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Wednesday, May 6, 2015

Horse heaven on earth at 4-H show

Tuesday, June 28, 2011

(Photo)
DeAnna Wermert, left, makes sure her daughter Anna is ready to ride in her ranch horse class on Roany, in last weekend's State 4-H Horse Championship.
(T-G Photo by Mary Reeves)
It was a spiritual buffet for the horse lover's soul last week at Calsonic Arena, with horses and riders coming from all over Tennessee to compete in the State 4-H Horse Championships.

There were many breeds: quarter horse, thoroughbred, Arabian, Morgan, Tennessee Walking Horse, POA. There was every color imaginable, from flea-bitten gray to golden palomino. Polo and cross-country were just about the only horse-related events that weren't represented. Yet.

But most of all, there were riders. Youth from 4-H programs gathered to not only share their skills in the saddle, but their knowledge.

"4-H has really helped me," said Carley Comer of the Tri-Cities area in eastern Tennessee, there with her appendix quarter horse Major Drumroll Please. "We had a judging team last year and I can see where it helps people out, It helped me lick out the finer horses."

(Photo)
Carley Comer, right, has had Major only nine months, but it's easy to see the rapport horse and rider have already established.
(T-G Photo by Mary Reeves)
Carley, 16, is an old hand at the state championship, but it was Major's first trip. Together, the pair also competed in the IEA (Interscholastic Equitation Association) Nationals this year, placing ninth.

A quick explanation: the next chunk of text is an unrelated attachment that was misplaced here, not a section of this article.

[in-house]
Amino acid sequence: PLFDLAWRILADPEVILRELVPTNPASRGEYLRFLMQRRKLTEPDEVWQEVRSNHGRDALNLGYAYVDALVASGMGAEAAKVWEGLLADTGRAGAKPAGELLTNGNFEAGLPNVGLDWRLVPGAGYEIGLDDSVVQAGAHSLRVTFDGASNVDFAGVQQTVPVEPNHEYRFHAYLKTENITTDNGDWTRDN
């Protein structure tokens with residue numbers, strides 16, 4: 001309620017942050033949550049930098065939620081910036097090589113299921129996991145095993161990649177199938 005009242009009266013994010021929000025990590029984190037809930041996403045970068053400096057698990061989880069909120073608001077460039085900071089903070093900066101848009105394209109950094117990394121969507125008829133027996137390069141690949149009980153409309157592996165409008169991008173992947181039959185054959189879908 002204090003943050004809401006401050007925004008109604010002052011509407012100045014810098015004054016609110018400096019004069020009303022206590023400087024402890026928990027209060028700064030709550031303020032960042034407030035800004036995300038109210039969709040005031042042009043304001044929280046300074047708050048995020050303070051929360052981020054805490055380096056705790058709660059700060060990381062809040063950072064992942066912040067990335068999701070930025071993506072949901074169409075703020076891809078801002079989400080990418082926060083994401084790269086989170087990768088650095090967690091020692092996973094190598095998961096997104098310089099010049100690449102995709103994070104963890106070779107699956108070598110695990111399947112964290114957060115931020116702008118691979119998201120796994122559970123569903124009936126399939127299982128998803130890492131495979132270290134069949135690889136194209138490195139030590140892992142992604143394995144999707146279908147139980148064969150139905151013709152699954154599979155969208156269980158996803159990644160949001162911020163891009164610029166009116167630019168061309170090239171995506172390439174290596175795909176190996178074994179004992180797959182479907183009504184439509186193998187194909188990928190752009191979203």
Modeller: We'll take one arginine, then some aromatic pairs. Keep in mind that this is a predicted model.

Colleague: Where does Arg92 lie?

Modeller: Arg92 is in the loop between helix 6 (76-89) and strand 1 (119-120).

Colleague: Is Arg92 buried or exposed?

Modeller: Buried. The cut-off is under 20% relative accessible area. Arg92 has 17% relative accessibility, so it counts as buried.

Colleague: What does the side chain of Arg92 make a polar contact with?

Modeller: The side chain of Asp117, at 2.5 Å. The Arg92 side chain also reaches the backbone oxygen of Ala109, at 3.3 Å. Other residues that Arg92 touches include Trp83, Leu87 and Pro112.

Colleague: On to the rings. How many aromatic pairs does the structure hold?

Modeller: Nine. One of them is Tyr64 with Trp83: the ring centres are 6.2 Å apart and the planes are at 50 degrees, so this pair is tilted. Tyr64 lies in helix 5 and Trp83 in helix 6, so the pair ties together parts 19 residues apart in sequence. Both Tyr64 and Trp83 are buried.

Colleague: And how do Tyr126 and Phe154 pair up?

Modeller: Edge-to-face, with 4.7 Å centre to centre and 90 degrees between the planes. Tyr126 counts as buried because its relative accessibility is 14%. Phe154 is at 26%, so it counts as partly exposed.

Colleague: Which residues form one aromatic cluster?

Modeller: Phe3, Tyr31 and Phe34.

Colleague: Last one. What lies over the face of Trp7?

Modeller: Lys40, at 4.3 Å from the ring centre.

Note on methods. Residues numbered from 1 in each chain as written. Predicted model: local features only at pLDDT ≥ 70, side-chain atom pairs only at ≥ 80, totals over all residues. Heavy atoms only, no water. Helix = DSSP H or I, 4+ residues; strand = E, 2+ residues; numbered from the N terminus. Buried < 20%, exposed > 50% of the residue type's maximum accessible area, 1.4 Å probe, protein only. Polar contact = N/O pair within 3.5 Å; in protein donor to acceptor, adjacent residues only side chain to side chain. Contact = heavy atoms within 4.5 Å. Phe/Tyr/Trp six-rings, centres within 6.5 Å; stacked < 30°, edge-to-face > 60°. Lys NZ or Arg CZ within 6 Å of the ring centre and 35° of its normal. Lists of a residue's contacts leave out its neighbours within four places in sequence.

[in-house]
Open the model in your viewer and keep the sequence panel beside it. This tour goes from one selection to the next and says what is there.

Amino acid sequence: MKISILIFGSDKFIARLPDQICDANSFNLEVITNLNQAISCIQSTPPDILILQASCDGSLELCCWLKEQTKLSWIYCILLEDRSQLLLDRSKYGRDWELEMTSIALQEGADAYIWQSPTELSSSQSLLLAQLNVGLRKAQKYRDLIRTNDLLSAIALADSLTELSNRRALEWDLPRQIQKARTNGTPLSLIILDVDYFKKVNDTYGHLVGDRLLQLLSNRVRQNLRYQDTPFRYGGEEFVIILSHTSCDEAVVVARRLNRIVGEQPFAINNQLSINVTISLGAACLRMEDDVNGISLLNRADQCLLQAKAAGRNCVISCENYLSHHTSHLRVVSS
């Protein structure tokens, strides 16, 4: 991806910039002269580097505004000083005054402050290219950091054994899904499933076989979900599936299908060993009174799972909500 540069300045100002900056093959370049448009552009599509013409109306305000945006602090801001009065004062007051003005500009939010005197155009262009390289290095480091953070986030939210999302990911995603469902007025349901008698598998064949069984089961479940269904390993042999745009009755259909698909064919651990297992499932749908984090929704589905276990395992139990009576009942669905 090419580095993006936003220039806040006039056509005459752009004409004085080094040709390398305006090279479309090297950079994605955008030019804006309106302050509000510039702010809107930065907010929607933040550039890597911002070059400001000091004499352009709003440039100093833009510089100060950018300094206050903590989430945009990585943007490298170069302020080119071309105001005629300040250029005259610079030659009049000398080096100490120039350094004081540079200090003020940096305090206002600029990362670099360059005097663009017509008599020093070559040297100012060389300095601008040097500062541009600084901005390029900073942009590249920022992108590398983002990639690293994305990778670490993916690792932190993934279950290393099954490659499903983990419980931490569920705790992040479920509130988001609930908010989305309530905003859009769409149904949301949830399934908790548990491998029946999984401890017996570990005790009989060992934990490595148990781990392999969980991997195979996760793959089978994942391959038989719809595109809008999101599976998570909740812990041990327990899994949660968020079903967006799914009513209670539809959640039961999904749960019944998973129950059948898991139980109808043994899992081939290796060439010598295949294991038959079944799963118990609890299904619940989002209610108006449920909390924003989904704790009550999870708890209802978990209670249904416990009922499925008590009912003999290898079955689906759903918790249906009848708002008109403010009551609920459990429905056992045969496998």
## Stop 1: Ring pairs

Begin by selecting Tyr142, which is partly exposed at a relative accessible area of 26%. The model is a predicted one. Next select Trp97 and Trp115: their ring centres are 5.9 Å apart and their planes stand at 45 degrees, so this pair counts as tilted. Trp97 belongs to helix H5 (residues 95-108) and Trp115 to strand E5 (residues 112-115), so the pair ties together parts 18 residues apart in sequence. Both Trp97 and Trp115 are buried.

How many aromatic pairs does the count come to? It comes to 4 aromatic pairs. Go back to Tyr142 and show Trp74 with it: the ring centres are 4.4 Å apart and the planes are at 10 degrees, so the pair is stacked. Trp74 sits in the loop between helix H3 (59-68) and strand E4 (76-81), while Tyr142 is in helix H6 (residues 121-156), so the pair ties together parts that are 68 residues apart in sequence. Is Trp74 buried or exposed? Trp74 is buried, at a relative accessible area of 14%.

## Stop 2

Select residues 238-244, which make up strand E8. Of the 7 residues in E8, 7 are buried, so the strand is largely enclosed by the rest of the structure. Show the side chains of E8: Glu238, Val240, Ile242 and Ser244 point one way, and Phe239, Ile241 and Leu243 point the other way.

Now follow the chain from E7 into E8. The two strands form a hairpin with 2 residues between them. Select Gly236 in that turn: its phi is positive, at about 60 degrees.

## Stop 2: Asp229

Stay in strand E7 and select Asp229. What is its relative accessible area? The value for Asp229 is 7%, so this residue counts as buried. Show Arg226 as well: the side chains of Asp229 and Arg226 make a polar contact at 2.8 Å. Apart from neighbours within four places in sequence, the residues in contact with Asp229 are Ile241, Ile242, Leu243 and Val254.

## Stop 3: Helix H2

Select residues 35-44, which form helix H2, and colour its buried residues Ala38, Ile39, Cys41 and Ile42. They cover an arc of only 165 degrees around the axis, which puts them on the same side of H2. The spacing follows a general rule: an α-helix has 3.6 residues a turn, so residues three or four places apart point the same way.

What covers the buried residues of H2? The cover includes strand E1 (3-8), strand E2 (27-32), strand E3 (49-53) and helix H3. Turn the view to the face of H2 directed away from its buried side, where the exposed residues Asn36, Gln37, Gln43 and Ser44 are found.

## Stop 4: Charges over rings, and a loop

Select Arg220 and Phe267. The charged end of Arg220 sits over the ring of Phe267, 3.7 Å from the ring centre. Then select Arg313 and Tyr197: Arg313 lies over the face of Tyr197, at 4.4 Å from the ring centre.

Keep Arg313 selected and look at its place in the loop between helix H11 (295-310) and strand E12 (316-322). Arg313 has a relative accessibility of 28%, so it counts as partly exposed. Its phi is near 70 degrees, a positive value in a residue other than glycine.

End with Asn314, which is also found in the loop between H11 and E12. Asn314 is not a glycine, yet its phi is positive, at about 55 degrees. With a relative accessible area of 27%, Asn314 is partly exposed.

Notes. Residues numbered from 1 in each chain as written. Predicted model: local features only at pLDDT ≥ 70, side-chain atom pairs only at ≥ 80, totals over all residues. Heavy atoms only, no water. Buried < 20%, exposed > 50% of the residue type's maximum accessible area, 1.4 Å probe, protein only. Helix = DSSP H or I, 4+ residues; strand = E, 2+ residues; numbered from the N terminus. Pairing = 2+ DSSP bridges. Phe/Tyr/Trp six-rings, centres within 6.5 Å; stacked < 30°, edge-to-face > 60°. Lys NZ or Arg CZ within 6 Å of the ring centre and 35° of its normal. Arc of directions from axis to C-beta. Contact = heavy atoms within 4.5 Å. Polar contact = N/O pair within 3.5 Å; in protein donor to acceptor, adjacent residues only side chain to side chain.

"It's a great story," said her mother, Elisa. "She used to be deathly afraid of horses."

Despite having an uncle with a barn full of horses, Carley was frightened of them and refused to ride. But one day, her father was taking riding lessons at a local stable, and Carley was coaxed onto the back of a tiny pony. "I rode one lap around and was hooked," she said.

She said 4-H has also helped her learn more about horses, which also helps conquer fear.

Alivia Cotter of Gatlinburg, who turned 12 Saturday, was making her first appearance at the state show, although she and her POA Shadow are regulars at the regionals. The petite girl and petite pony made big jumps in grand style.

"4-H has helped me with my jumping seat," she said. "It also give some stuff to do on my walking horse."

Murfreesboro's Anna Wermert got into the 4-H program through her trainer, Courtney Smith, who encourages it strongly because it produces a well-rounded horseman. Like a lot of girls, her age, 10-year-old ("11 in August!" she said) Anna got bit by the horse fever bug and after a while, her mother offered to get her lessons. That was how she met Courtney and discovered the 4-H program. It was also how she met Roany, her leased lesson horse, that she was riding in the state competition in the ranch horse class.

Mom, DeAnna Wermert, didn't object too strongly when Anna said she wanted to ride.

"As a girl, I seldom got to ride, but I loved it," she said. "When she started taking lessons, I thought, 'Why not?'"

Now she, Anna and Anna's brother ride together. The next step, as far as Anna is concerned, is going equine shopping. Maybe next year, she'll be back at the state championship with a horse of her own.

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